Things are coming loose, I think…
An animator uses the mobile game Angry Birds to tell the story of the recent developments in Northern Africa:
Libyans appear determined to safeguard their rich cultural heritage during the popular unrest against leader Muammar Gaddafi, protecting it from the looting seen in neighboring Egypt’s revolution just weeks ago.
Conquered by most of the civilizations that held sway over the Mediterranean, Libya’s rich cultural heritage includes Leptis Magna, a prominent coastal city of the Roman empire, whose ruins are some 130 km (80 miles) east of Tripoli.
The birthplace of emperor Septimius Severus, its amphitheatre, marbled baths, colonnaded streets and a basilica are considered the jewel in the crown of its Roman legacy.
While communication with Libya difficult sketchy amid the uprising against Gaddafi’s four decade rule, two archaeologists who frequently work in the country said cultural artifacts appeared to have been spared the ravages suffered during Egypt’s recent revolt.
“So far there are no records whatsoever of any areas from the cultural heritage of Libya being affected by the troubles,”…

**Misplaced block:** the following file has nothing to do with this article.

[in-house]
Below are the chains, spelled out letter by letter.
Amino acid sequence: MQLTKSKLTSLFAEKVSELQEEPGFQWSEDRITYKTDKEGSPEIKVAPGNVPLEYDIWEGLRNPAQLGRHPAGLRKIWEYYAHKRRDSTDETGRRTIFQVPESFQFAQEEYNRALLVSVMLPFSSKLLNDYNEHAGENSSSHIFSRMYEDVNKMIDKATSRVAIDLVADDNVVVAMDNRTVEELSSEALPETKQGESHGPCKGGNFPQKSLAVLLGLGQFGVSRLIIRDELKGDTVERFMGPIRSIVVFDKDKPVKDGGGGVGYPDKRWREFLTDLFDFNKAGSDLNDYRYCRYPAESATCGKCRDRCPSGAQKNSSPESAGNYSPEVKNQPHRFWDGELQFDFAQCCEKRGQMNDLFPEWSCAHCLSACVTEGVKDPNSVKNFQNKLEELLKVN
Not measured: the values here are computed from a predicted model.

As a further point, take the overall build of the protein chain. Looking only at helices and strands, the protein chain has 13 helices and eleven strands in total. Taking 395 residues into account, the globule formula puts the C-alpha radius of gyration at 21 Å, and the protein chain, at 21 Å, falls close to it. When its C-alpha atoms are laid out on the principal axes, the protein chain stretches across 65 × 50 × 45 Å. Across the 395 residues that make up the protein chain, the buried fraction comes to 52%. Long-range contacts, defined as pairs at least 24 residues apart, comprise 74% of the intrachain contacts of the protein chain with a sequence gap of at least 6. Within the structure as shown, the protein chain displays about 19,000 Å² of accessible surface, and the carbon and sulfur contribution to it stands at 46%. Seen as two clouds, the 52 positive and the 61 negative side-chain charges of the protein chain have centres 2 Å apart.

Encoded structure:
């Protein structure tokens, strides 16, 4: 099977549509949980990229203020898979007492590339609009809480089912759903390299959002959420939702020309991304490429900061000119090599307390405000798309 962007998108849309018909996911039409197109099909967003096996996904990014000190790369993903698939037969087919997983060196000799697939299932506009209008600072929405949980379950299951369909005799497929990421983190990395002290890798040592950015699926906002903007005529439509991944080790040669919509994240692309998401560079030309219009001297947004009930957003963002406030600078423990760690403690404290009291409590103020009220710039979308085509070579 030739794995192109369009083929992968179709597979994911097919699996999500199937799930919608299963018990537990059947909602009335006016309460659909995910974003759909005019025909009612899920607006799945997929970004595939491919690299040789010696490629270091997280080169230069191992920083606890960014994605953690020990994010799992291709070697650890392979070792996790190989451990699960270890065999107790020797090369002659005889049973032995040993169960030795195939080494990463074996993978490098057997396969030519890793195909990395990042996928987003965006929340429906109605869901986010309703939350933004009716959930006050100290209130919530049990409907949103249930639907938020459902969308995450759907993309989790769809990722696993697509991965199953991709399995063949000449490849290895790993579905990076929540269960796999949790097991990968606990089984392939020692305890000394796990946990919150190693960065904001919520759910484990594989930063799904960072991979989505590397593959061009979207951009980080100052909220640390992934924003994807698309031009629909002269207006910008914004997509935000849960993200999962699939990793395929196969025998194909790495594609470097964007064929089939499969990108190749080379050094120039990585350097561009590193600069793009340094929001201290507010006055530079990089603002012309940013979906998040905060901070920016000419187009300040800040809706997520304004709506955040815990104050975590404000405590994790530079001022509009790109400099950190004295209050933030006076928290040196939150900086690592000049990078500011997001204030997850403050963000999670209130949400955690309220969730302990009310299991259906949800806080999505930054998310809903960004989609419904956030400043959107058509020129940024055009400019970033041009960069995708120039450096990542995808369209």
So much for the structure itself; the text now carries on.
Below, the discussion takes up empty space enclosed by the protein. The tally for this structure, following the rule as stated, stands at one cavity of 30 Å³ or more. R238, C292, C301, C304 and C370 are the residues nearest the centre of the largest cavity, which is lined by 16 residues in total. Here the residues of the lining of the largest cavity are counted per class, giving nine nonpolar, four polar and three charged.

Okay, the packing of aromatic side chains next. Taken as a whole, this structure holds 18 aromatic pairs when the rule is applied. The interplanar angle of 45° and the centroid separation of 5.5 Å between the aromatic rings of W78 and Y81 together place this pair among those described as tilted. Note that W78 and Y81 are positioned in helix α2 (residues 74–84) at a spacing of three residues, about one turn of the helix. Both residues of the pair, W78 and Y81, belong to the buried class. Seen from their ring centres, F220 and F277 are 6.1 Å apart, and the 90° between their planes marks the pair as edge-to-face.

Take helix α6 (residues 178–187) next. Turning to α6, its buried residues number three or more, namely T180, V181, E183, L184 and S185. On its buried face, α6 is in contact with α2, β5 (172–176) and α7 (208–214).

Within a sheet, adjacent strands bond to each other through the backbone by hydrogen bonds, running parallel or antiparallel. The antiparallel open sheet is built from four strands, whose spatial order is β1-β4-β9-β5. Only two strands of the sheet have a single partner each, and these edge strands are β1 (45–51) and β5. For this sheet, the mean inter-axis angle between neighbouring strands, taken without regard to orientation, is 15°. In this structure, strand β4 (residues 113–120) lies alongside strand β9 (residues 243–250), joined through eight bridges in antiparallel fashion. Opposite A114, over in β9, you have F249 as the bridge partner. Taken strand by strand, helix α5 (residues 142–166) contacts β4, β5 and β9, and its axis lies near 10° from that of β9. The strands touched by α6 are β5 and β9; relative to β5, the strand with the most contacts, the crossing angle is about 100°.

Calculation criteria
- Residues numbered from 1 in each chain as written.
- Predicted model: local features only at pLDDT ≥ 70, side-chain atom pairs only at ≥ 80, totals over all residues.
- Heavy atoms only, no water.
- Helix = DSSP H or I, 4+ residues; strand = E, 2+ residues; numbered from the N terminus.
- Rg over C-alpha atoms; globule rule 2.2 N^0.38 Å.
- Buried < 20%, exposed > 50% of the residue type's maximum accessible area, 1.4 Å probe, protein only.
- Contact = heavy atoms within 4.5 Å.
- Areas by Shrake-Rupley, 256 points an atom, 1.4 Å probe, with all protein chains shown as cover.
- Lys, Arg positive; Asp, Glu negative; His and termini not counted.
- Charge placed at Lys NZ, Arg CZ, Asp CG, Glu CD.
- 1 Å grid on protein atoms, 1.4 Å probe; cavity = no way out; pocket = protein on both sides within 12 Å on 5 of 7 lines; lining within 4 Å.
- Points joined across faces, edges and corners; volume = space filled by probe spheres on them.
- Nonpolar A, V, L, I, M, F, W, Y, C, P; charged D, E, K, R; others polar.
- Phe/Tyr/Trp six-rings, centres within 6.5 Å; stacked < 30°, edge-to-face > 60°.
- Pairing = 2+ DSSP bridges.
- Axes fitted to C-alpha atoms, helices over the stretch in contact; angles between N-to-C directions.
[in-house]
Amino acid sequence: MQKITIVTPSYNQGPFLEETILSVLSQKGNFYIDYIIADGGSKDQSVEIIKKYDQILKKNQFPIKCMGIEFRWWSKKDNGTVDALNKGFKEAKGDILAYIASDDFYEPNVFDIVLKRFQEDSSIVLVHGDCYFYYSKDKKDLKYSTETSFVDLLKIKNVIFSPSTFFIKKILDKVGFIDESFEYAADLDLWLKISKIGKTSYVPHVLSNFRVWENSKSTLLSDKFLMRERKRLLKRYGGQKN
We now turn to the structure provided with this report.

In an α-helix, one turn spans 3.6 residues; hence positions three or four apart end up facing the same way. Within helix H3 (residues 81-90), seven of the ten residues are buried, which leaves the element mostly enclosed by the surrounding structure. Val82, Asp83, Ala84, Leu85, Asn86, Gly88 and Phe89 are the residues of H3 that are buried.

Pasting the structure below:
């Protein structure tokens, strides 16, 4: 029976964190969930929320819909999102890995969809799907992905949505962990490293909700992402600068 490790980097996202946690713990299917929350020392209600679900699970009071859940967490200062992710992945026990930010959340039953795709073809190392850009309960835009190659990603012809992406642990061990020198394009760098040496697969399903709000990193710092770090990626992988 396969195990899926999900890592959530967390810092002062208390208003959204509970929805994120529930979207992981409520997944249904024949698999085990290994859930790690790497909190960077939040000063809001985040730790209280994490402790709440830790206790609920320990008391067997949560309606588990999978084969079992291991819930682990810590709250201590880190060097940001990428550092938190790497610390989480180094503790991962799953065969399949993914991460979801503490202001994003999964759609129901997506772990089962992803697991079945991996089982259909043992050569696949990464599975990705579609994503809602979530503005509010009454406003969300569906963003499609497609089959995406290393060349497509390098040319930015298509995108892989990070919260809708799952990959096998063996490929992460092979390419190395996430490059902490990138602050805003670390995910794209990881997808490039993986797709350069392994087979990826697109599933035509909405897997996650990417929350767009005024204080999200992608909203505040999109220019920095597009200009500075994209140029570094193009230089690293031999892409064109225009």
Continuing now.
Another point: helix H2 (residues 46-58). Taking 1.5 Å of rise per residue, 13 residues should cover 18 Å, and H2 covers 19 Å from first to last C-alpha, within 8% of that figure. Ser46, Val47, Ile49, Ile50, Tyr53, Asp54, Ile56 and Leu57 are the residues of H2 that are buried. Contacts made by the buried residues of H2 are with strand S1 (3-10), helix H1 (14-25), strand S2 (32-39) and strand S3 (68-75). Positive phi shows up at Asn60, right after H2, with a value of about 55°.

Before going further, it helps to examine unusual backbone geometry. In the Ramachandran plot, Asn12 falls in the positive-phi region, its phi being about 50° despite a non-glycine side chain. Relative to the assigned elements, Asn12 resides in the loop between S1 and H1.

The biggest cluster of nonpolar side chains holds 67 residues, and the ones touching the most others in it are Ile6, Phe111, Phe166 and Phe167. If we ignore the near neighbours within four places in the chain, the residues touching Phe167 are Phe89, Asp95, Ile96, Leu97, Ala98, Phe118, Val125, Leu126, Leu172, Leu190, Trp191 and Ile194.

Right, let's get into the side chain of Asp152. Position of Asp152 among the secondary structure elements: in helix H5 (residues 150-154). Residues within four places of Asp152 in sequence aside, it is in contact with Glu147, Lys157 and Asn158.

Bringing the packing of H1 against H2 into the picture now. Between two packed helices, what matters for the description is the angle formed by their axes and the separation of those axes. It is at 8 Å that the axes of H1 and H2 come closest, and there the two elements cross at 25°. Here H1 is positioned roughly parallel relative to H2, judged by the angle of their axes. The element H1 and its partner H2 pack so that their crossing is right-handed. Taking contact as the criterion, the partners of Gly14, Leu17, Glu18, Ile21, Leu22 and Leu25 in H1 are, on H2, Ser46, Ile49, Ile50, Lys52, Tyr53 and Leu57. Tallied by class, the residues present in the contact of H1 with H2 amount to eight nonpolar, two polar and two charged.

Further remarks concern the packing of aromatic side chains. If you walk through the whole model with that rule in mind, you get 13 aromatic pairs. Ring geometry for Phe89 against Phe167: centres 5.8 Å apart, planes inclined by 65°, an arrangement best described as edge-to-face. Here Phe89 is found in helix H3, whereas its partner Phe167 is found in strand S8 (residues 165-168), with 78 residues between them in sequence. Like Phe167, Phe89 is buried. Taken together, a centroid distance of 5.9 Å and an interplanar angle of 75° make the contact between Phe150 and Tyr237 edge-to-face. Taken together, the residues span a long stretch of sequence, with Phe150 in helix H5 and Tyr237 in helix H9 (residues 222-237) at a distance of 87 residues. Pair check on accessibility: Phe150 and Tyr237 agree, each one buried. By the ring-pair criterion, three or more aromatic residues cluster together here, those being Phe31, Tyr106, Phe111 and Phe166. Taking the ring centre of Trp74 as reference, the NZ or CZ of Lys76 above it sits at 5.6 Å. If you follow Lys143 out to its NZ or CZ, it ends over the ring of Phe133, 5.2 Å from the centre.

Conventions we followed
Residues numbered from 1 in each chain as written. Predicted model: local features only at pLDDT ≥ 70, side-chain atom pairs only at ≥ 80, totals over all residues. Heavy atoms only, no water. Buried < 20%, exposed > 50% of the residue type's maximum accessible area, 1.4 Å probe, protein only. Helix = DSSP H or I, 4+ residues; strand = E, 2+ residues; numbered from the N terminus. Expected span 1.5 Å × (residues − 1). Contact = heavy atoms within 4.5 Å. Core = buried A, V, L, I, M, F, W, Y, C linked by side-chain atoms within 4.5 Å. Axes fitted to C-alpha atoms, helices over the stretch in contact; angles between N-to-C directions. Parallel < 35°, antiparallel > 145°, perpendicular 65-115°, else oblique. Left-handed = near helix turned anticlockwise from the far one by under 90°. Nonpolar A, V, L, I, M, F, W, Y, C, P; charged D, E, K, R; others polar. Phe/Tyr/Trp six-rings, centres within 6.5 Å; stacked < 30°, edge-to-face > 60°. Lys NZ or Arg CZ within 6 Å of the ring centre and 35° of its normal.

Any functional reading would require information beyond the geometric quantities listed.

“All seems to be ok. I don’t have particular concerns that museums will in any way be affected by all this,”…
“I’m confident local people will protect (them) and the department of antiquity staff will ensure everything is in order and kept safe.”…
Read the whole piece here.
It must be like hell there…
Talk about living in denial:
Muammar Gaddafi blamed a revolt against his rule on al Qaeda leader Osama bin Laden on Thursday, and said the protesters were fueled by milk and Nescafe spiked with hallucinogenic drugs, in a rambling appeal for calm.
Gaddafi, who just two days ago vowed in a televised address to crush the revolt and fight to the last, showed none of the fist-thumping rage of that speech.
This time, he spoke to state television by telephone without appearing in person, and his tone seemed more conciliatory, with much of his country out of government control.
“Their ages are 17. They give them pills at night, they put hallucinatory pills in their drinks, their milk, their coffee, their Nescafe,” said Gaddafi…
Via UN Watch:
The Libyan government is massacring peaceful protesters. Artillery and helicopter gunships were used against crowds. Thugs armed with hammers and swords attacked families in their homes. Women and children were seen jumping off Giuliana Bridge in Benghazi to escape. Many of them were killed by the impact of hitting the water, while others were drowned. Urge the US, the EU and the UN to make Libyan dictator Colonel Qaddafi stop the killing.
What a wicked tyrant!
The Telegraph has a picture gallery of the protest here.